Did you know that millions of years ago, all the land on this earth was part of a single huge supercontinent? Look carefully at the world map and you will notice that different continents fit together like a jigsaw puzzle. Now you know why.
When the supercontinent 'broke up' – again, millions of years ago – different continents went to different parts of the world, finally reaching where they are today. This process of slow 'drift' of continents had several interesting effects: animals and plants moved around with them, for example.
India had a particularly interesting time. An idea that’s been knocking about for a while is that India (along with Madagascar, Sri Lanka, Australia and Antarctica together called eastern Gondwana) broke off (a very long time ago) from Africa and South America (western Gondwana). After the continents in eastern Gondwana separated and drifted to different parts, the Indian landmass rifted from Madagascar about 90 million years ago and floated across the Indian Ocean to join the Asian landmass (Eurasia continent).
A critical concept for understanding supercontinent geography is ‘suture zones’. The term is borrowed from medicine where sutures are used to join two parts of skin, bone, etc. leaving a line of stitches. These ‘stitches’ seen throughout the earth’s crust in various locations represent areas of juxtaposition of landmasses. However, unlike the body, the landmasses that come together need not be, and are usually not, of the same age, structure and characteristics. Thus suture zones serve as a means of pinpointing the origins of various lands; in fact they are the reason that it was first thought that India stemmed from Africa; specifically sharing history with the island Madagascar. Even though the concept was first put forward in 1979, it is still a matter of debate owing to variations in the experimental findings. One such inconsistency is that they were formed in different eras. This complicates understanding the geographical evolution.
The Mercara suture zone in western peninsular India joins the Dharwar and Coorg blocks of lands. In a recent paper, more evidence for the India-Madagascar correlation has been put forward by linking the Mercara suture zone in southern India with the Bestimisaraka suture zone in Madagascar. The primary clue for this correlation is given by the structural lineaments extracted from various satellite images and digital elevation models of India and Madagascar. Images were digitally processed and different image enhancement techniques have been carried out to extract the structural information.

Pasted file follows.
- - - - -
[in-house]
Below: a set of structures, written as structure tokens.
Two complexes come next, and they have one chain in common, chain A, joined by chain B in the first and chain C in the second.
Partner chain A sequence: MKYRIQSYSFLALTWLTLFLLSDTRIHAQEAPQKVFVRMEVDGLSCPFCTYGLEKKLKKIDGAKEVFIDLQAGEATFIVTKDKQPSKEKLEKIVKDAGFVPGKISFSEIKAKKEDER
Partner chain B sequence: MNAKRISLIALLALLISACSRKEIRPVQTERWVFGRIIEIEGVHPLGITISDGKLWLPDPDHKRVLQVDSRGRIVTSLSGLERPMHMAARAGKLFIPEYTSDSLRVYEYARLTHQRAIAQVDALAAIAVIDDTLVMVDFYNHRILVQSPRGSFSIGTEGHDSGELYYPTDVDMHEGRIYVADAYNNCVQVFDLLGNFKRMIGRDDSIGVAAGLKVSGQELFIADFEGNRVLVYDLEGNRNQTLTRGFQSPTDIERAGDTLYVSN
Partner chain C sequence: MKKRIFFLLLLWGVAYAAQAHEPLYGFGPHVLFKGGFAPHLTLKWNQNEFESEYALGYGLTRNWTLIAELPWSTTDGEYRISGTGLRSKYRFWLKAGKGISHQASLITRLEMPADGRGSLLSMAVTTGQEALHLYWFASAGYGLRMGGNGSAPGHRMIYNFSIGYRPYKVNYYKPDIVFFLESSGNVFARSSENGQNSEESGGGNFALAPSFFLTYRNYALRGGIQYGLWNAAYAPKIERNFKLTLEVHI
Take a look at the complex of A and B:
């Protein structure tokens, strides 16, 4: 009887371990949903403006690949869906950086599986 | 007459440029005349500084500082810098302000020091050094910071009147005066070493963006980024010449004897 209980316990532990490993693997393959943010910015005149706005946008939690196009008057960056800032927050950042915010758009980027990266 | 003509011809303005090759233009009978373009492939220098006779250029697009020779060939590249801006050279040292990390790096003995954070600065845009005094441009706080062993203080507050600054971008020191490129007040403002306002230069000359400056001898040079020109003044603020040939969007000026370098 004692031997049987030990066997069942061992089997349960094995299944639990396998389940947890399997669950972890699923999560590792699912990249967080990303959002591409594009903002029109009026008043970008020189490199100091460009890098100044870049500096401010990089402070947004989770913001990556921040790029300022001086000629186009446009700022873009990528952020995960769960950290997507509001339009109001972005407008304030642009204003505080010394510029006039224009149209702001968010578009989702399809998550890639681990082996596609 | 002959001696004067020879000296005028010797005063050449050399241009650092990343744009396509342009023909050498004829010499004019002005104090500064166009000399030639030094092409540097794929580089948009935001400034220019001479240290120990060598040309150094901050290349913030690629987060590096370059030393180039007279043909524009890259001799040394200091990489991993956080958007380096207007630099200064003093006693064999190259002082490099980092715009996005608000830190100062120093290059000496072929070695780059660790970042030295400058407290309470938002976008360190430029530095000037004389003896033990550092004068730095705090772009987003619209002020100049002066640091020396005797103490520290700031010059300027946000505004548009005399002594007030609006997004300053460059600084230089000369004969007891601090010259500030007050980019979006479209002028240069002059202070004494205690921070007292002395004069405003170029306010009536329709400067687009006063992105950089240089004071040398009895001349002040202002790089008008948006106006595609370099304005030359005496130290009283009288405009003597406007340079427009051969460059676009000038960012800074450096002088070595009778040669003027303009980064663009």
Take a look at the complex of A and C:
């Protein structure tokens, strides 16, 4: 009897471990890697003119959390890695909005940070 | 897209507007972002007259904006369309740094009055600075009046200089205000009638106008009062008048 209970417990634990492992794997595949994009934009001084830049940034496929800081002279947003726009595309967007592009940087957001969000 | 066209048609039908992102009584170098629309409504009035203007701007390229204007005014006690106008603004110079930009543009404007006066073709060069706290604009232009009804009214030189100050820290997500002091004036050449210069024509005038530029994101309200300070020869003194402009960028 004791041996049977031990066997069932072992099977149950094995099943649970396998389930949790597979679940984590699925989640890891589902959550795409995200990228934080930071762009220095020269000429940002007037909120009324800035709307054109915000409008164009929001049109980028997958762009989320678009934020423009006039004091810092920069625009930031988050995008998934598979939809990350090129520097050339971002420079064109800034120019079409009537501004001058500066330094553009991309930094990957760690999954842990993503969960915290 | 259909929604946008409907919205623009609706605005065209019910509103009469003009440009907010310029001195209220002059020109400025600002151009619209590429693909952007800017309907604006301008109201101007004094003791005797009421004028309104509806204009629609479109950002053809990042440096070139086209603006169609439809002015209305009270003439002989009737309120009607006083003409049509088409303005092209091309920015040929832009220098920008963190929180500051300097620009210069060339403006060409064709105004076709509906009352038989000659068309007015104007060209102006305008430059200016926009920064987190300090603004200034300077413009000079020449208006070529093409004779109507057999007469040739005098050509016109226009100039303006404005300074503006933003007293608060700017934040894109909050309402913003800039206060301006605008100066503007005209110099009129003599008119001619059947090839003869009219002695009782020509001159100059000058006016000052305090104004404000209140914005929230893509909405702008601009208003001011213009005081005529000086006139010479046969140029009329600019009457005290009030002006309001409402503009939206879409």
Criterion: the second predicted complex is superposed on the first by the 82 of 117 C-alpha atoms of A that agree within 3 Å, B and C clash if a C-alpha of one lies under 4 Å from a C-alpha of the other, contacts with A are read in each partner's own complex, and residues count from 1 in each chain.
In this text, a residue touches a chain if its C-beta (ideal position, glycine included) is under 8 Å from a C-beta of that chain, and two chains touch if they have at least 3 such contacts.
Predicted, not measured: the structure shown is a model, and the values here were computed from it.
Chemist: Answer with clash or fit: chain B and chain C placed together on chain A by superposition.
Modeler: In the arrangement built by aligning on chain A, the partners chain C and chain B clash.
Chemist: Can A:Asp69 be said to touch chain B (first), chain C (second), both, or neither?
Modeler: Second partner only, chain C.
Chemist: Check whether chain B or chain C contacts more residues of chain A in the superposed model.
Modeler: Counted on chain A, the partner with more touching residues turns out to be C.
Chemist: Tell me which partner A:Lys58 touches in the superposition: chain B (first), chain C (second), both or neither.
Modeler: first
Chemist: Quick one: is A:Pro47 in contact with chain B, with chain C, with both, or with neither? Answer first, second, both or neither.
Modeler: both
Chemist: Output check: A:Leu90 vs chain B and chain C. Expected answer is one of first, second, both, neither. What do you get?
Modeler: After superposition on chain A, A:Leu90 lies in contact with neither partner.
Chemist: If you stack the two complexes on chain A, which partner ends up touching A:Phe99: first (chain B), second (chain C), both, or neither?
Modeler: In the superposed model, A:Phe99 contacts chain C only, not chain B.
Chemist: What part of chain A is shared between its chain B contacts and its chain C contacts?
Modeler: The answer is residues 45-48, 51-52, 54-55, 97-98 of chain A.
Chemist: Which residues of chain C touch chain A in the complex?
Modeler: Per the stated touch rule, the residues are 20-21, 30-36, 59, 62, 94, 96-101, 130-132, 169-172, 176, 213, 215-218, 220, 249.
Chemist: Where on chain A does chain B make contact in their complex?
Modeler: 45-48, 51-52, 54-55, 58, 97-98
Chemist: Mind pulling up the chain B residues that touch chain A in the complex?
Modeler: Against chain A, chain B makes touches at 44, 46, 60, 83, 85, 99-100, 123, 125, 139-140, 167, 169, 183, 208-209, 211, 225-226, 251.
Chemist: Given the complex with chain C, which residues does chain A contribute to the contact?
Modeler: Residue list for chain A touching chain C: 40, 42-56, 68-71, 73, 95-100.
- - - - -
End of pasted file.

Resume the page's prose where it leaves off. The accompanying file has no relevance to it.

The research was carried out by subjecting samples of rocks from the lands joined by the suture zone to various analyses. One such technique is to study mineral composition for the presence of compounds like metal oxides (Eg: aluminium oxide and iron oxide). These samples were also tested for the presence of elements like calcium and manganese. The result was that the samples taken from either side of the suture had different elemental compositions. Another concept used in the study was to study the pressure and temperature (P-T) conditions under which the rocks (ergo the suture) were formed. This is done by studying the mineral reactions in thin sections using special microscopes and analysing the mineral compositions. These results stimulate the P-T conditions needed for rock formation and study the mineral compositions. The timing of suturing can be determined by various radiometric dating methods. This is done by radioactive dating of minerals like zircon, monazite within the suture. The time of suturing is an indication of the amalgamation of the landmasses and it falls in line with the proposed hypothesis of the Dhawar block joining with the Coorg block.
Furthermore, the P-T conditions also indicate that the areas around the sutures were subjected to tectonic movements akin to two landmasses coming together and then being sutured together. This final clue helps piece together the puzzle in better understanding our country’s geographical history.
Author information:This study involved people from Indian Institute of Science, University of Adelaide and Curtin University, Australia, University of Tsukuba and Okayama University of Science, Japan, China University of Geosciences, University of Johannesburg, South Africa, and the University of Leicester, UK.
The lead author, Ishwar-Kumar and the senior author, K Sanjeev are from the Indian Institute of Science.
About the publication:The paper, Mesoproterozoic suturing of Archean crustal blocks in western peninsular India: Implications for India–Madagascar correlations', appeared in Lithos.
Link to the paper: http://dx.doi.org/10.1016/j.lithos.2016.01.016